Off-Highway Vehicle Programs

OHV (Off-Highway Vehicle) certificates and requirements are essential documents that demonstrate an individual’s competence and understanding of safe and responsible off-road vehicle operation. These certificates typically encompass a comprehensive training program covering various aspects, such as vehicle maintenance, trail etiquette, environmental conservation, and safety protocols. Acquiring an OHV certificate not only ensures that riders possess the necessary skills to navigate rugged terrains safely but also promotes a culture of responsible outdoor recreation. These certificates and OHV Requirements often serve as a prerequisite for legally operating off-highway vehicles in many regions, contributing to the preservation of natural landscapes and the well-being of both riders and the environment.

Utah Off-Highway Vehicle (OHV) Education Requirements

As of Jan. 1, 2023, Utah requires all OHV operators to complete the Utah Off-Highway Vehicle Education Course. Operators under the age of 18 shall possess a youth OHV education certificate in order to operate an OHV on public land, road, or trail. Operators 18 years of age or older may operate an OHV if they possess an approved adult OHV education certificate. The once-in-a-lifetime course should take less than 30 minutes to complete and is now available.

Utah dnr recreation logo.
Utah Outdoor Recreation Page
Utah off highway vehicle education requirements.

Arizona Off-Highway Vehicle (OHV) Requirements

Arizona has many scenic off road trails that provide recreational enjoyment. But before you take that adventure, explore the rules and regulations, purchase your OHV license or decal, and get familiar with the best locations, all right here.

Arizona game and fish deportment logo.
Arizona OHV Decal Information

Vehicle Operation Regulations and Safety

It is unlawful for anyone to drive an OHV:

  • With reckless disregard for the safety of persons or property.
  • Off an existing road, trail, or route in a manner that causes damage to wildlife habitat, riparian areas, cultural or natural resources, or property or improvements.
  • On closed roads, trails, routes, or areas (with the exception of hunters retrieving animals in designated areas in accordance with land management agency rules).
  • Over unimproved roads, trails, routes, or areas, unless driving on roads, trails, routes, or areas is allowed by rule or regulation.
  • That causes damage to the environment as prohibited by rule, regulation, ordinance, or code.

Other Regulations

Driver’s license

A valid driver’s license is required when operating on roads that meet the definition of a highway, this includes maintained dirt roads.

Riding double

Operating an ATV without the proper safety components for an additional rider is dangerous. Operating an ATV in this manner impedes proper riding techniques and drastically changes the vehicle’s response. Proper riding technique requires operators to shift their weight and position to maintain control. Many injuries sustained in OHV crashes can be attributed to passengers riding improperly.

Driving While Impaired

DUI with an OHV is just like a DUI in any other vehicle. It is unlawful for a person to drive or be in actual physical control of a vehicle while under the influence of intoxicating liquor or any drug if the person is impaired to the slightest degree, A.R.S. 28-1381.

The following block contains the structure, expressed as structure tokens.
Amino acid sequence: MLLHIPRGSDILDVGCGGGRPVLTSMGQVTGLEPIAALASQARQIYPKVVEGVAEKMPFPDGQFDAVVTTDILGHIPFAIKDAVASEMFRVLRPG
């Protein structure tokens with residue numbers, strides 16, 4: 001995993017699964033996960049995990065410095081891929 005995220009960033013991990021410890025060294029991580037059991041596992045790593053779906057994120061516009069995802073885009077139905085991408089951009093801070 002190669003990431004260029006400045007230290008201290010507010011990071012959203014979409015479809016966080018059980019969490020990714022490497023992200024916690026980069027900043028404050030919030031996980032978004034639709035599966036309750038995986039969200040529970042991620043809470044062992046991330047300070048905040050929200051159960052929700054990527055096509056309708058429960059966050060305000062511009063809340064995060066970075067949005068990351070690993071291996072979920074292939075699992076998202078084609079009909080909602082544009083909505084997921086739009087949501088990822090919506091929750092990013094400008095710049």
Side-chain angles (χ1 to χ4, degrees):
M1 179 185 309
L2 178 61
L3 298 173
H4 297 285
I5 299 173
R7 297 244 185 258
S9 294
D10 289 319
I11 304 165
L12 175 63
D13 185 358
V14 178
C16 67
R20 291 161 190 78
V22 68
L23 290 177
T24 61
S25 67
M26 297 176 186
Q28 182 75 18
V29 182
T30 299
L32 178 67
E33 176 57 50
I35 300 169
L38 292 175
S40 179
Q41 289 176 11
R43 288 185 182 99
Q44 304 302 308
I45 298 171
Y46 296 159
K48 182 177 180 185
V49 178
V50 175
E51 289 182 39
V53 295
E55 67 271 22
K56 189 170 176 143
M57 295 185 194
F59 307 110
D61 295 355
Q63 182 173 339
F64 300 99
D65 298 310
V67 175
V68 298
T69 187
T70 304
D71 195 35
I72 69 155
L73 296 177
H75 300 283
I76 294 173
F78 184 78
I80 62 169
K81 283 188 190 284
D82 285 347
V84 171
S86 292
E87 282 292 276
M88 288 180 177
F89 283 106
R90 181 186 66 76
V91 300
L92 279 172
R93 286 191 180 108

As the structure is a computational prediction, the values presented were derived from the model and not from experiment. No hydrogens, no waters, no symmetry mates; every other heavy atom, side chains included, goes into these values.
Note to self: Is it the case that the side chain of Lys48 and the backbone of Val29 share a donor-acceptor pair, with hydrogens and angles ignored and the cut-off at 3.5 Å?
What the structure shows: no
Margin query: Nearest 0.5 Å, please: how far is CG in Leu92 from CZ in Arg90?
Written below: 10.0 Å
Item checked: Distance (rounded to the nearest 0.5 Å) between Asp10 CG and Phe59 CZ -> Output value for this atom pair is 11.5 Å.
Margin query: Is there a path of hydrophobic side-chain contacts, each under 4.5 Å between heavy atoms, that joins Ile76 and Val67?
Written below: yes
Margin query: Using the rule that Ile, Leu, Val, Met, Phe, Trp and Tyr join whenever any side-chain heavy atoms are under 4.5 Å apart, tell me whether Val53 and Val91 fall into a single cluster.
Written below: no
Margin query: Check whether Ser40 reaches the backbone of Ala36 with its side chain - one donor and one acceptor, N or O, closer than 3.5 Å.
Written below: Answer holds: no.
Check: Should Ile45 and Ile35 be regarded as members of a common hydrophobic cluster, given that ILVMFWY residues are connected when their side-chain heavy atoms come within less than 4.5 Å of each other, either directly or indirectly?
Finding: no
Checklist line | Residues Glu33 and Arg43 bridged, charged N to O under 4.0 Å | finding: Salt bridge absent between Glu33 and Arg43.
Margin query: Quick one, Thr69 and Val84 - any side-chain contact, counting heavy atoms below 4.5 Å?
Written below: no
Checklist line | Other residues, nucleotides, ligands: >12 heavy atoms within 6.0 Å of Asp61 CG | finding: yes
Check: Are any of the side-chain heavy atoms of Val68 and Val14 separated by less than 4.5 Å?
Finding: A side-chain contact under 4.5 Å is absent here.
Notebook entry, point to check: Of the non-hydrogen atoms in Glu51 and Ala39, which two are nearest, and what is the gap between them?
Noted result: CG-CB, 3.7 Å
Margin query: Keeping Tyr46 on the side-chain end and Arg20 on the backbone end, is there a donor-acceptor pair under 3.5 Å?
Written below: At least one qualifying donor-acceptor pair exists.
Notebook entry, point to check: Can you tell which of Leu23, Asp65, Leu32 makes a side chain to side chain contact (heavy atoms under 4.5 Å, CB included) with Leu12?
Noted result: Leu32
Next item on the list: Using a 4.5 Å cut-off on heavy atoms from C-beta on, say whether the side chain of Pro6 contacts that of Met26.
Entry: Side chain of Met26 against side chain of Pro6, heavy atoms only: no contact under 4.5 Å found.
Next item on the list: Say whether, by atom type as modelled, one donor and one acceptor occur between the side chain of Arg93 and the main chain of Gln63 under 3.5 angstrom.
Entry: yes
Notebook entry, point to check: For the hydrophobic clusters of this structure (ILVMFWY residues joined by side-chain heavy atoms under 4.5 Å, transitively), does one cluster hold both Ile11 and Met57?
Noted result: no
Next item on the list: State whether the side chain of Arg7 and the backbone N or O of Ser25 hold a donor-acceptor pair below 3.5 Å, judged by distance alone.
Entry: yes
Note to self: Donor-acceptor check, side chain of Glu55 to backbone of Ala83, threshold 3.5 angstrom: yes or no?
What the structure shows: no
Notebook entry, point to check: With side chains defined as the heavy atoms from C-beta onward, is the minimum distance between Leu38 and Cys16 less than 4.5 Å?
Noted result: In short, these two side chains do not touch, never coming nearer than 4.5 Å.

Nevada Off-Highway Vehicle (OHV) Registration

Call the OHV Registration Office at (775) 684-4381 for Registration Questions!

Ride smart respect trails off road nevada off highway vehicle registration.
Nevada OHV Registration Information

Register Your Off-Highway Vehicle

3 Easy Steps

  • Step 1 – Select the appropriate form:
    • Registration forms and procedures differ depending on when and where your vehicle was purchased or whether it is homemade. Click on the appropriate link. Please read the application and forms carefully. A separate form is needed for each vehicle.
  • Step 2 – Take appropriate form and vehicle for a VIN inspection to you local OHV Dealership or low enforcement office:
    • A Vehicle Identification Number (VIN) inspection will have to be completed by a licensed Nevada Off-Highway Vehicle dealer or a sworn law enforcement officer. Note: the DMV does not perform VIN inspections and all registration is by mail. If your vehicle has never been registered or titled in Nevada Click here to see a list of licensed dealers.


      Call your local dealer to verify they are conducting VIN Inspections.
      If your vehicle does not currently have a VIN Number, a VIN Assignment Form will need to be completed. Call the DMV to obtain this form, but remember the DMV does not perform VIN inspections for Off-Highway Vehicles.

      Please call DMV during normal business hours: (775) 684-4381

  • Step 3 – Pay Fees, complete application, and mail in your supporting documentation to DMV:
    • The dealer who completes the inspection may submit the application and other documents on your behalf or you may mail them yourself. Dealers may charge up to $2 for each registration and/or title application submitted.


You may pay by check or money order made payable to DMV. You may also pay by credit or debit card using the payment card slip attached to the forms.

Registration (annual renewal required) $20.00
Late Fee for expired registration $10.00
Title for Nevada Resident $28.25
Title for Non-Nevada Resident $43.25
VIN Assignment (if needed) $2.00
Dealer fee per registration or title application submitted (paid to dealer separately) $2.00
Duplicate Decal Fee $5.00
Duplicate Title Fee $20.00